Interesting question Spiny,
I agree with Chownah and Reflection that all we have to work with is our experience, and speculation about whether or not there are external things, and/or how well can we know them are outside the scope of Buddha-Dhamma.
To me, any attempt to confirm or deny
that there is a "real world" misses the point. That most of us, in ordinary life, or in more technical areas such as science, use a working model that there is something out there, and that is what we are measuring or experiencing, and use language that builds in that assumption. We don't necessarily take it seriously, but we don't waste time thinking:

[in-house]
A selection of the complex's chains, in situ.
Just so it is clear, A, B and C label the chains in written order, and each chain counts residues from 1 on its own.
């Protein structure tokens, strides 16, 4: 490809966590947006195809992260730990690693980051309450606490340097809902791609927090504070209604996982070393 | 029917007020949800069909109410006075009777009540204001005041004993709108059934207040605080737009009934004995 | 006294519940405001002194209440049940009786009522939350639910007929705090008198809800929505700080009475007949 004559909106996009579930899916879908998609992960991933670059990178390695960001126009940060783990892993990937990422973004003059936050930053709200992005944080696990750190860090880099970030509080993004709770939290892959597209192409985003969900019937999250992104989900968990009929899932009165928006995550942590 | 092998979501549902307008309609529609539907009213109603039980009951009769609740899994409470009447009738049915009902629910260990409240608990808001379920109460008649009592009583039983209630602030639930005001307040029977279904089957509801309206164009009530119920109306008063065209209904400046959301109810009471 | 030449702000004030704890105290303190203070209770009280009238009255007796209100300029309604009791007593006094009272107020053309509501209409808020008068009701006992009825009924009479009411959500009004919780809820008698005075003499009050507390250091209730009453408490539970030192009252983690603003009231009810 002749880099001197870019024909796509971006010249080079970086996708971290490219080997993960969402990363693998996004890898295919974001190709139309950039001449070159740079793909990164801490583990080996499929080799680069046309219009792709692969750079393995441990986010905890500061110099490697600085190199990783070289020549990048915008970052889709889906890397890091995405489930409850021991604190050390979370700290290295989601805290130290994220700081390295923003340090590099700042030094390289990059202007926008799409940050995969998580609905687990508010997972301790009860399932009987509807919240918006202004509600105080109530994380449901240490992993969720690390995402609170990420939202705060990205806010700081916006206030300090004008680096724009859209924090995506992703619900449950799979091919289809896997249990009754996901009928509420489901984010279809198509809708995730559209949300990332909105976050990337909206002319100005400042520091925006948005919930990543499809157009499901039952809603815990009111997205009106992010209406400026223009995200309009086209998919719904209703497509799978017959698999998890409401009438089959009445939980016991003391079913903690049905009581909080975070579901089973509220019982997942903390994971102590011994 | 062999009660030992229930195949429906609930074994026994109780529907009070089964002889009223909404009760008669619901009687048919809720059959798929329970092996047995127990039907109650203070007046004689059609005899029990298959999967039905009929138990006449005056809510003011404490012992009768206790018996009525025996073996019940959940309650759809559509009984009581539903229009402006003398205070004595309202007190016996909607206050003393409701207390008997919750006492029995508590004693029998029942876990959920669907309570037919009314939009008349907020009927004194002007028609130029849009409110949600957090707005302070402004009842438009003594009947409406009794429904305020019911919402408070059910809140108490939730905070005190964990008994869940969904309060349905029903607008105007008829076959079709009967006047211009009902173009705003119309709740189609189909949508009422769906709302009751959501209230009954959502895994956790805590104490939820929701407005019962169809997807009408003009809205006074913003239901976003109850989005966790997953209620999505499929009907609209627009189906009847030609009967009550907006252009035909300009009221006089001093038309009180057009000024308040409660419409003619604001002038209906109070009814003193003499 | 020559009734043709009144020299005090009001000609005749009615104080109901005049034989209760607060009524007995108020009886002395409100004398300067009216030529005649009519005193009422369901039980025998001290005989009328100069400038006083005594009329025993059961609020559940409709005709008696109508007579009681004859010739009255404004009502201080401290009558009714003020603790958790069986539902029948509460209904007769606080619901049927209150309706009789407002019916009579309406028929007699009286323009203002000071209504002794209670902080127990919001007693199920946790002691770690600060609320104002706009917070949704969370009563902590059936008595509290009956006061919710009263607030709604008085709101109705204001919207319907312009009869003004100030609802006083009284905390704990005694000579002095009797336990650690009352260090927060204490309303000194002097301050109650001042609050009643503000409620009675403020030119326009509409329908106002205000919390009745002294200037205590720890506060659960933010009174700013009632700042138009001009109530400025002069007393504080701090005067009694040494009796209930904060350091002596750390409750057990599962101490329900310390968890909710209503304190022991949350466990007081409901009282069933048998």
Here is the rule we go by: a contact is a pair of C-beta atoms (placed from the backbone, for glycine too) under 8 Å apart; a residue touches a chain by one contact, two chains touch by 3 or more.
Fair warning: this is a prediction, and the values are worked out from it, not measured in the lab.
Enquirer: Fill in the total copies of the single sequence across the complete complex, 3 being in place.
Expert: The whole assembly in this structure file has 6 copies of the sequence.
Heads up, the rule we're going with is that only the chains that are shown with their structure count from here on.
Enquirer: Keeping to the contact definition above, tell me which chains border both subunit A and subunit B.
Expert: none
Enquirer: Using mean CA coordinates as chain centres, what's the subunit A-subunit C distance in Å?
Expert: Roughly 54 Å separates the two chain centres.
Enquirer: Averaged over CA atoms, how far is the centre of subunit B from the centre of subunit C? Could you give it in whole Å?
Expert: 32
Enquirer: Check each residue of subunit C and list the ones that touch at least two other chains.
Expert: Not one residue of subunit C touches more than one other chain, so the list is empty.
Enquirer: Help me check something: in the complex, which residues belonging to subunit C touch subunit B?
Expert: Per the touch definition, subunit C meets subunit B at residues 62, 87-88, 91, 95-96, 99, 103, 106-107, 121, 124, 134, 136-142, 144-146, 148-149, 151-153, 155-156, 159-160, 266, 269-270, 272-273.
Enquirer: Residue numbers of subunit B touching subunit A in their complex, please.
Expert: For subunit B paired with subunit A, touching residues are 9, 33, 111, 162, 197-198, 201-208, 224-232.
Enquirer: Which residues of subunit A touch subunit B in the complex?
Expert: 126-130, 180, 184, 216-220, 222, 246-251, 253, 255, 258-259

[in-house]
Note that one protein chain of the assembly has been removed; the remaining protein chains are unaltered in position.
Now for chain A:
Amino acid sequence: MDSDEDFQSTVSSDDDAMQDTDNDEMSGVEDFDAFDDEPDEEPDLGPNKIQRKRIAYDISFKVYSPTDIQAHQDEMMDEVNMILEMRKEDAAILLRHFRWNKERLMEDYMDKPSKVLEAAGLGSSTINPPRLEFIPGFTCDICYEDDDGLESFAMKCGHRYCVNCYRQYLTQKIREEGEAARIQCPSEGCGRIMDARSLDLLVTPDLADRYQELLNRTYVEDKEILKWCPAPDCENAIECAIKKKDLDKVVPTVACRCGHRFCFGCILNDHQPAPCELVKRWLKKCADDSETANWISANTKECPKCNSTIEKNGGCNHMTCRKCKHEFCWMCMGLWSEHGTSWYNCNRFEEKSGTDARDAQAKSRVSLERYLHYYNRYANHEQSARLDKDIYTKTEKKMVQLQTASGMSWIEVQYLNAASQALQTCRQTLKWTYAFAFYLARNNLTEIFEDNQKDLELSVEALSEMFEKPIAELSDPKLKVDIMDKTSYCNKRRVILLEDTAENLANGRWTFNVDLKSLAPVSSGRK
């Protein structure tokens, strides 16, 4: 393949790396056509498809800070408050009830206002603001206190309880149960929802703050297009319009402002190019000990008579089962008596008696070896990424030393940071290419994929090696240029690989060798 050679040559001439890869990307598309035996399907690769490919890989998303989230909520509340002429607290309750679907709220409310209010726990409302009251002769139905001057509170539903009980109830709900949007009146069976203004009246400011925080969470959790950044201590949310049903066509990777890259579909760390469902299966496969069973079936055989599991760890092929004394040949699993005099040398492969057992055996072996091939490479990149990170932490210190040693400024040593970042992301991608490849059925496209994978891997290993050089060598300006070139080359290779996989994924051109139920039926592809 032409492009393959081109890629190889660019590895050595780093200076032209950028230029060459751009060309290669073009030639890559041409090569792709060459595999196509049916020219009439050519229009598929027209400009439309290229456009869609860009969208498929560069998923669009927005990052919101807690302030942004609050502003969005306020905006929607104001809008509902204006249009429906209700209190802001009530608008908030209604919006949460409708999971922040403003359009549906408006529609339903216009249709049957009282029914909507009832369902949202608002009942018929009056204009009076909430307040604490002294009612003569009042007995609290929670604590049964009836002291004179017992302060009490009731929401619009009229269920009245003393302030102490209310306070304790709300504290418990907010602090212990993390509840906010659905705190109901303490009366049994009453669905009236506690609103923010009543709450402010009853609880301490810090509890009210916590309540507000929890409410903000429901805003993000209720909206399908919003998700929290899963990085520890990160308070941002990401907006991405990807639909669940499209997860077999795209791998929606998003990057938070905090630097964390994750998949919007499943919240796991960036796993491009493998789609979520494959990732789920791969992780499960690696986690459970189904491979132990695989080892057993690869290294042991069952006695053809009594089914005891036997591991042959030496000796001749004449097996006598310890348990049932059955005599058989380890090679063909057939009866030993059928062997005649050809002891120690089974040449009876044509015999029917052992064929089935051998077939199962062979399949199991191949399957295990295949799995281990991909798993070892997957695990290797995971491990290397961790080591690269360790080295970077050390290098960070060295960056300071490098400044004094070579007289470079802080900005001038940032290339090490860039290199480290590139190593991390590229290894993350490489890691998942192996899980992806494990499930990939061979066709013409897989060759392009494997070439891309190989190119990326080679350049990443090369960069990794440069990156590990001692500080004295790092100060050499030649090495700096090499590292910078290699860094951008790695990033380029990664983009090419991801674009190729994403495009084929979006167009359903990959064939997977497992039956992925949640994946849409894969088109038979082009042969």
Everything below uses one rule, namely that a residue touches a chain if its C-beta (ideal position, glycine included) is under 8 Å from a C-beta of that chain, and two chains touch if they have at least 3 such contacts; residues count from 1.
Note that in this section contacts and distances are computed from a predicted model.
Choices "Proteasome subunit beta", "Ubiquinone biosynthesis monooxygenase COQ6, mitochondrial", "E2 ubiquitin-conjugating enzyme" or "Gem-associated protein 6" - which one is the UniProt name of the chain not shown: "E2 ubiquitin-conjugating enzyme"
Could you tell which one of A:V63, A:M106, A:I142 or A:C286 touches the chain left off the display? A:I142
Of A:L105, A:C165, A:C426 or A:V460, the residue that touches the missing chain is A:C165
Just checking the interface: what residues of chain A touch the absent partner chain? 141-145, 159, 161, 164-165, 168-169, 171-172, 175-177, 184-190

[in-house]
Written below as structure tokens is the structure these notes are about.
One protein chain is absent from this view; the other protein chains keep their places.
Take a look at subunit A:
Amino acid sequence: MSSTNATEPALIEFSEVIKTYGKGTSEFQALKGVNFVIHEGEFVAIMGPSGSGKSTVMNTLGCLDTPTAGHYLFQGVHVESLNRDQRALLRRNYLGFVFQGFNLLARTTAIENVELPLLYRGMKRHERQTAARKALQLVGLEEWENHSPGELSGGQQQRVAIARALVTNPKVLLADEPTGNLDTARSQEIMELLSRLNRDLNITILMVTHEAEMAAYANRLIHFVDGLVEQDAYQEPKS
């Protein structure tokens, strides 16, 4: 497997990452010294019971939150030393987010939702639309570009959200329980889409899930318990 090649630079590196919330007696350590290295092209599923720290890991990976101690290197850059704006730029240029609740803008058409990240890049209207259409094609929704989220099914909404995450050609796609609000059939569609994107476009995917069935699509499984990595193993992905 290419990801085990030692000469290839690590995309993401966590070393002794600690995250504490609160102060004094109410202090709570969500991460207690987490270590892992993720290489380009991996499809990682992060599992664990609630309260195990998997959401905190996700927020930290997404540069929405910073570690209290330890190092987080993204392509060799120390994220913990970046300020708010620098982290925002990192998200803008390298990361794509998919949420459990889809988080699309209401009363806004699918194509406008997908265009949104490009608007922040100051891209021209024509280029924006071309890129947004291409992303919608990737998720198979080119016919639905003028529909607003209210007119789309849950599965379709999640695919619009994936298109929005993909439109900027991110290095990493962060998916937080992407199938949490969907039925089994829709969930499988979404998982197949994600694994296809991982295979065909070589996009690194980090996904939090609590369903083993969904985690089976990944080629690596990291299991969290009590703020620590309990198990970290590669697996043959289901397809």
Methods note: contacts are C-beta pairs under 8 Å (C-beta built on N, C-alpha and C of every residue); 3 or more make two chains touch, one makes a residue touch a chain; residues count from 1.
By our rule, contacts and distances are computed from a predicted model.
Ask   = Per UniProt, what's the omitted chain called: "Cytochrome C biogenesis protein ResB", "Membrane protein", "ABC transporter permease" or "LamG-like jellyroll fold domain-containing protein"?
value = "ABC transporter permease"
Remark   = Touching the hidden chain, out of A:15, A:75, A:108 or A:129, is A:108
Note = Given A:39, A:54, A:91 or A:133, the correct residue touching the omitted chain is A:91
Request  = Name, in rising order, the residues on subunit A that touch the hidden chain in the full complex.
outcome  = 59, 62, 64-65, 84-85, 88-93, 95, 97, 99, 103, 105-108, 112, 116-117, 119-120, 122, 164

"I will go into the laboratory and measure the wavelength of this light that may or may not be real with this apparatus that also may or may not be real. And, by the way, my very concept of wavelength is built on the assumption of ..."
I sometimes see criticisms that so-an-so ancient or modern teacher is making unfounded ontological assumptions. I think that such criticisms often arise from taking the language and working model too seriously, and can swing wildly in the opposite, just as beside-the-point, direction.